by E.J. Peiker on Tue Jan 10, 2017 5:28 pm
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Interesting, I ran the whole sharpness suite on my lens mounted on an a6300 and happened to have a 7D2 with the Canon 70-300L lens for calibration at the time and they two were essentially indistinguishable from a resolution standpoint with a tiny nod to the Sony which I attributed mainly to the 20% more pixels on the a6300 compared to the 7D2. That included all apertures and focal lengths. Since then i have been using it extensively and am very happy with my sample of the lens. But also realize that if your are hand holding, the much lower weight of the Sony combo compared to the Canon combo actually makes it a little harder to hold steady. An a6500 which adds two more axis of stabilization to the lens compared to the canon might help it overcome that though.
 

by Jens Peermann on Wed Jan 11, 2017 7:15 am
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The added two axis of image stabilization on the a6500 appears to be a factor, albeit a rather small one and should not be overrated. It takes hard pixel peeping to detect a difference between images taken with the a6300 and the a6500 when attached to the 70-300.

In regard to the low weight of the Sony combo compared to equivalent Canon gear I found it helpful to hold the lens with one hand on the hood instead of the zoom ring area. Zooming is actually possible by pulling and pushing the hood forward and backward (much like the zoom action with the original Canon 100-400 L).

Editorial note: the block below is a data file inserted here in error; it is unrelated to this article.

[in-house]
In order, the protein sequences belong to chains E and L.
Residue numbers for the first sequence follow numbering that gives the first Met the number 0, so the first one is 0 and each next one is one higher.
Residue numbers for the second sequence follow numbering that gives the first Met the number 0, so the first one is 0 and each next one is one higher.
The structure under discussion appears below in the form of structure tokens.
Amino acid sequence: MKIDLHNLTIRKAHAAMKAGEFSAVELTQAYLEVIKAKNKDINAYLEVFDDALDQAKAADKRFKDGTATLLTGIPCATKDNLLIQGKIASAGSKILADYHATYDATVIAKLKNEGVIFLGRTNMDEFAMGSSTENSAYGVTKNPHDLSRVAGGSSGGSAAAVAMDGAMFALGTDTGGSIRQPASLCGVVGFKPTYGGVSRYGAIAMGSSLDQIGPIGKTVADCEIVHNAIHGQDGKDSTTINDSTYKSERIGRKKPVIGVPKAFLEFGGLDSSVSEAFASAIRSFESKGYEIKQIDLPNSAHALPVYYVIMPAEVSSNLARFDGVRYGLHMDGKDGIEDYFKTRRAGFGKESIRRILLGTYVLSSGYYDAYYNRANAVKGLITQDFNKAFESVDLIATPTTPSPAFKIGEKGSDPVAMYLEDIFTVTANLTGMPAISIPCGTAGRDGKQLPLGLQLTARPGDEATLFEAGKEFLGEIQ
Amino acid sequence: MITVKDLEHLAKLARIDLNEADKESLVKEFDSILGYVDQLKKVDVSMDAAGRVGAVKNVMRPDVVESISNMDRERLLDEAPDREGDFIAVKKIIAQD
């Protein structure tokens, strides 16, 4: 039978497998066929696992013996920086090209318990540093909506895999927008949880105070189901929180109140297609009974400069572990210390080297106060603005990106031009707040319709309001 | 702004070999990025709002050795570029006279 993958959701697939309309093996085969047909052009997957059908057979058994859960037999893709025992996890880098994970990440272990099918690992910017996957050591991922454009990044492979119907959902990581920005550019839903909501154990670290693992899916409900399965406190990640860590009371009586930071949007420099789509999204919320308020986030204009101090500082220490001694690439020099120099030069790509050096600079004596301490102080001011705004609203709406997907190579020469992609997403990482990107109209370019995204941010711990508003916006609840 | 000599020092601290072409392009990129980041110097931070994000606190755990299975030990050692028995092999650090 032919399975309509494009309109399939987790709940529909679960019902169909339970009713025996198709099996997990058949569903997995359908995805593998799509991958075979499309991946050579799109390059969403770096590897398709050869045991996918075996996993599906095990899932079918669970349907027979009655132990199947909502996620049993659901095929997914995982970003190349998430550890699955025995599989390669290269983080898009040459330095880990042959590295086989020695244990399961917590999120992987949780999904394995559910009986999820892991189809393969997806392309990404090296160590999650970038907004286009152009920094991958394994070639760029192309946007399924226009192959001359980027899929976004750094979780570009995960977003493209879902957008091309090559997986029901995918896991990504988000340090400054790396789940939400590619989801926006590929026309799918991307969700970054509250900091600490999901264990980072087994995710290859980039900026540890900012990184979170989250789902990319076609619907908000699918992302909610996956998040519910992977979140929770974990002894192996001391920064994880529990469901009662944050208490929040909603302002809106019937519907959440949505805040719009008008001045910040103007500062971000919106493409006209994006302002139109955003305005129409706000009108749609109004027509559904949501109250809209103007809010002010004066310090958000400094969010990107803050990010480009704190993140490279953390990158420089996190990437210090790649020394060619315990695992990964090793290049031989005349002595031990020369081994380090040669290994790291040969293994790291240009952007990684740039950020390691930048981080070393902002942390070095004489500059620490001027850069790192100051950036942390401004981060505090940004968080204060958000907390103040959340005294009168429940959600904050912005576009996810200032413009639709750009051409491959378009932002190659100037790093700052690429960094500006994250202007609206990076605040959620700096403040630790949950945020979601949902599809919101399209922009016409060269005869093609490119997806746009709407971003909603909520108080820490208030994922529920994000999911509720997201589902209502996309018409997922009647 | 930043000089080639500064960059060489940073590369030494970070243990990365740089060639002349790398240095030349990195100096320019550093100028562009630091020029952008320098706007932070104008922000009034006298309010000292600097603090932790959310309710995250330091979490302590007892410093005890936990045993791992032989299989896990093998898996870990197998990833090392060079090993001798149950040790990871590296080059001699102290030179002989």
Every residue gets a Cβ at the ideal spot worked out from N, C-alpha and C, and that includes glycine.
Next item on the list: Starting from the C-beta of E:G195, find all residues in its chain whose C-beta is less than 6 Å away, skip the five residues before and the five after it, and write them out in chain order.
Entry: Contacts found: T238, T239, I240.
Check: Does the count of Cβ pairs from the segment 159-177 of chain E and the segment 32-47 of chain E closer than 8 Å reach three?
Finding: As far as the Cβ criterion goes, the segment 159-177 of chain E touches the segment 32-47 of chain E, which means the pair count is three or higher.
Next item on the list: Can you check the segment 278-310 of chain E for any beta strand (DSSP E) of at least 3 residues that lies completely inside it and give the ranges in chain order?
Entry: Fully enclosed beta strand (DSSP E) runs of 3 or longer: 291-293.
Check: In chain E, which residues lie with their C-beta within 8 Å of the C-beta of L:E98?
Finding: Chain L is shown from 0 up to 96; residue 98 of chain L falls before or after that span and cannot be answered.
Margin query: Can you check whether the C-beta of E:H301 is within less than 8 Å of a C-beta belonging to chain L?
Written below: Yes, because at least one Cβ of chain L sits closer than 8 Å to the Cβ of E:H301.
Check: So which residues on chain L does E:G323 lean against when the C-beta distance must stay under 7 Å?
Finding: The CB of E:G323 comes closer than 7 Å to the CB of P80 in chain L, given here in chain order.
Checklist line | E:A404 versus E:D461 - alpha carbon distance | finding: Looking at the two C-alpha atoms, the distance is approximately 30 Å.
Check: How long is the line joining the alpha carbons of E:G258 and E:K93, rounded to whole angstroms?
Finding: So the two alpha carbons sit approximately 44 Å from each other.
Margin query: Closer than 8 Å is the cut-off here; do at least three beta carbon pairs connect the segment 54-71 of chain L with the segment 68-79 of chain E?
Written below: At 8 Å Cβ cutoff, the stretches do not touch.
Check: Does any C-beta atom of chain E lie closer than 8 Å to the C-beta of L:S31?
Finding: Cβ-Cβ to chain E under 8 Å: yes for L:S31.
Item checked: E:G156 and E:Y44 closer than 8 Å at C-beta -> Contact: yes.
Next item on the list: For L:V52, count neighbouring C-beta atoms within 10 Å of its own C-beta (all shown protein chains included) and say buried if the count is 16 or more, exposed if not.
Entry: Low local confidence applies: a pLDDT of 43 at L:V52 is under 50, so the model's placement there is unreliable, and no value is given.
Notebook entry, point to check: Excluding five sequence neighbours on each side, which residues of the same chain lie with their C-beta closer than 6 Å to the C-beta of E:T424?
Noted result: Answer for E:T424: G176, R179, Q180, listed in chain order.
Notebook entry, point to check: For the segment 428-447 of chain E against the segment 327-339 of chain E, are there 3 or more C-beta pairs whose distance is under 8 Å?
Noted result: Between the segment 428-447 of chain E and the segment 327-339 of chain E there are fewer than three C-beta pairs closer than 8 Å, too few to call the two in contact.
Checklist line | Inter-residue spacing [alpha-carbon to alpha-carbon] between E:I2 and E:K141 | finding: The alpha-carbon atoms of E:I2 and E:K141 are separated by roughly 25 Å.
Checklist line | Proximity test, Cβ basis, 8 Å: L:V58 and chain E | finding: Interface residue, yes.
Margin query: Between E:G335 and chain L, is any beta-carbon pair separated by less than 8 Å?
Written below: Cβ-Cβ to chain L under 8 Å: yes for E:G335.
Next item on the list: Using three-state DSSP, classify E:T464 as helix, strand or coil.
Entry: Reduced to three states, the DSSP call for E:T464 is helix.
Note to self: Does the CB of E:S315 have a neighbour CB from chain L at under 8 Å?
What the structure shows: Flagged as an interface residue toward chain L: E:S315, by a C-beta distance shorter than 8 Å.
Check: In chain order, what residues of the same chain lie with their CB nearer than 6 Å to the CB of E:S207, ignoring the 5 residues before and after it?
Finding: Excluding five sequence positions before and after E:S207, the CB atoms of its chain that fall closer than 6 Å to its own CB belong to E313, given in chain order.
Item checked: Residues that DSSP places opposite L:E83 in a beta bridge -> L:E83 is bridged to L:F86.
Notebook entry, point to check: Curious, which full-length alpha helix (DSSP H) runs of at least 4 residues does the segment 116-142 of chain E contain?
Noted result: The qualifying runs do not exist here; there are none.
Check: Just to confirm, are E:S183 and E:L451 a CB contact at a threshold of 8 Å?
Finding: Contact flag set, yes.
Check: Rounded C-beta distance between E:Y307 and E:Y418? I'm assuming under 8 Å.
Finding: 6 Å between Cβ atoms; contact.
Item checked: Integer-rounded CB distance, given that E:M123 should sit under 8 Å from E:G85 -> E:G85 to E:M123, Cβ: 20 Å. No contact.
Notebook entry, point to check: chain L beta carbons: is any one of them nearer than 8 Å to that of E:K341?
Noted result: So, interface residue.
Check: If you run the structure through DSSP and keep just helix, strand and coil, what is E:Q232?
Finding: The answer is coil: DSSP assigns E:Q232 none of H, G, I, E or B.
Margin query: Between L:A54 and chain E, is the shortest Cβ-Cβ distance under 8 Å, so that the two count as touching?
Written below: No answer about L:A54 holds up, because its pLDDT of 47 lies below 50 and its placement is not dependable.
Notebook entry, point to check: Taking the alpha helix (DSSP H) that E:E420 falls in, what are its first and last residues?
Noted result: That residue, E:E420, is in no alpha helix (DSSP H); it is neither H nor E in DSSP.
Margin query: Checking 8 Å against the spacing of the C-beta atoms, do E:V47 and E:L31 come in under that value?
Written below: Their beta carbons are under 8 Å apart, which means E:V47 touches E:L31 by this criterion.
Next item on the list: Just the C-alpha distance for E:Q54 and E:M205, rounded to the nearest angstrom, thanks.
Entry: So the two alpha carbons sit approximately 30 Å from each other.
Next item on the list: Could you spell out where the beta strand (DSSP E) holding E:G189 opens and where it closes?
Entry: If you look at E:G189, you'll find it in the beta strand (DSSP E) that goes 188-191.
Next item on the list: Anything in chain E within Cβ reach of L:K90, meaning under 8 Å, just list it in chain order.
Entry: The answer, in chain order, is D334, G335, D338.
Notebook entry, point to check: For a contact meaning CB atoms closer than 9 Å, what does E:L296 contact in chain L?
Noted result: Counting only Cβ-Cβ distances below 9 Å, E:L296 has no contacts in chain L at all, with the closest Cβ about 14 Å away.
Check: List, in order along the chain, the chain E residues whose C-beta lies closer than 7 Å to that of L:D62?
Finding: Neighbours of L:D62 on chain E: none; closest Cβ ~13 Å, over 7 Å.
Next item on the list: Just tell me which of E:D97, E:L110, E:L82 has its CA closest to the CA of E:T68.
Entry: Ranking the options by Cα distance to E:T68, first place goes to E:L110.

Most important IMO is to make sure to get a good copy of this lens because sample variation is a strong factor.


a6500, 70-300 G OSS @ 267mm  f/8  ISO 1000  1/1000 sec
Image


a6500, 70-300 G OSS @ 203mm  f/8  ISO 2500  1/1000 sec  focus tracking
Image



Hope this helps
Life without a camera is possible but pointless!
 

by E.J. Peiker on Wed Jan 11, 2017 7:49 am
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Sample variation seems to be the bane of the Sony lens manufacturing process :(
 

by prairiewing on Wed Jan 11, 2017 1:15 pm
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E.J. Peiker wrote:
Sample variation seems to be the bane of the Sony lens manufacturing process :(




That's exactly what has stopped me from buying more heavily into this system.  I have an A7r2, use it a lot and really like it but I have neither the inclination nor the expertise to become a lens tester.  I almost bought the Sony 24-70 F2.8 but after the initial glowing reports, I had enough doubt that I chose not to spend $2,000 plus on it.  Certainly no system is without flaws but I've bought many, many lenses from the manufacturer of my main system and have never had to send one back.
Pat Gerlach
 

by E.J. Peiker on Wed Jan 11, 2017 10:05 pm
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prairiewing wrote:
E.J. Peiker wrote:
Sample variation seems to be the bane of the Sony lens manufacturing process :(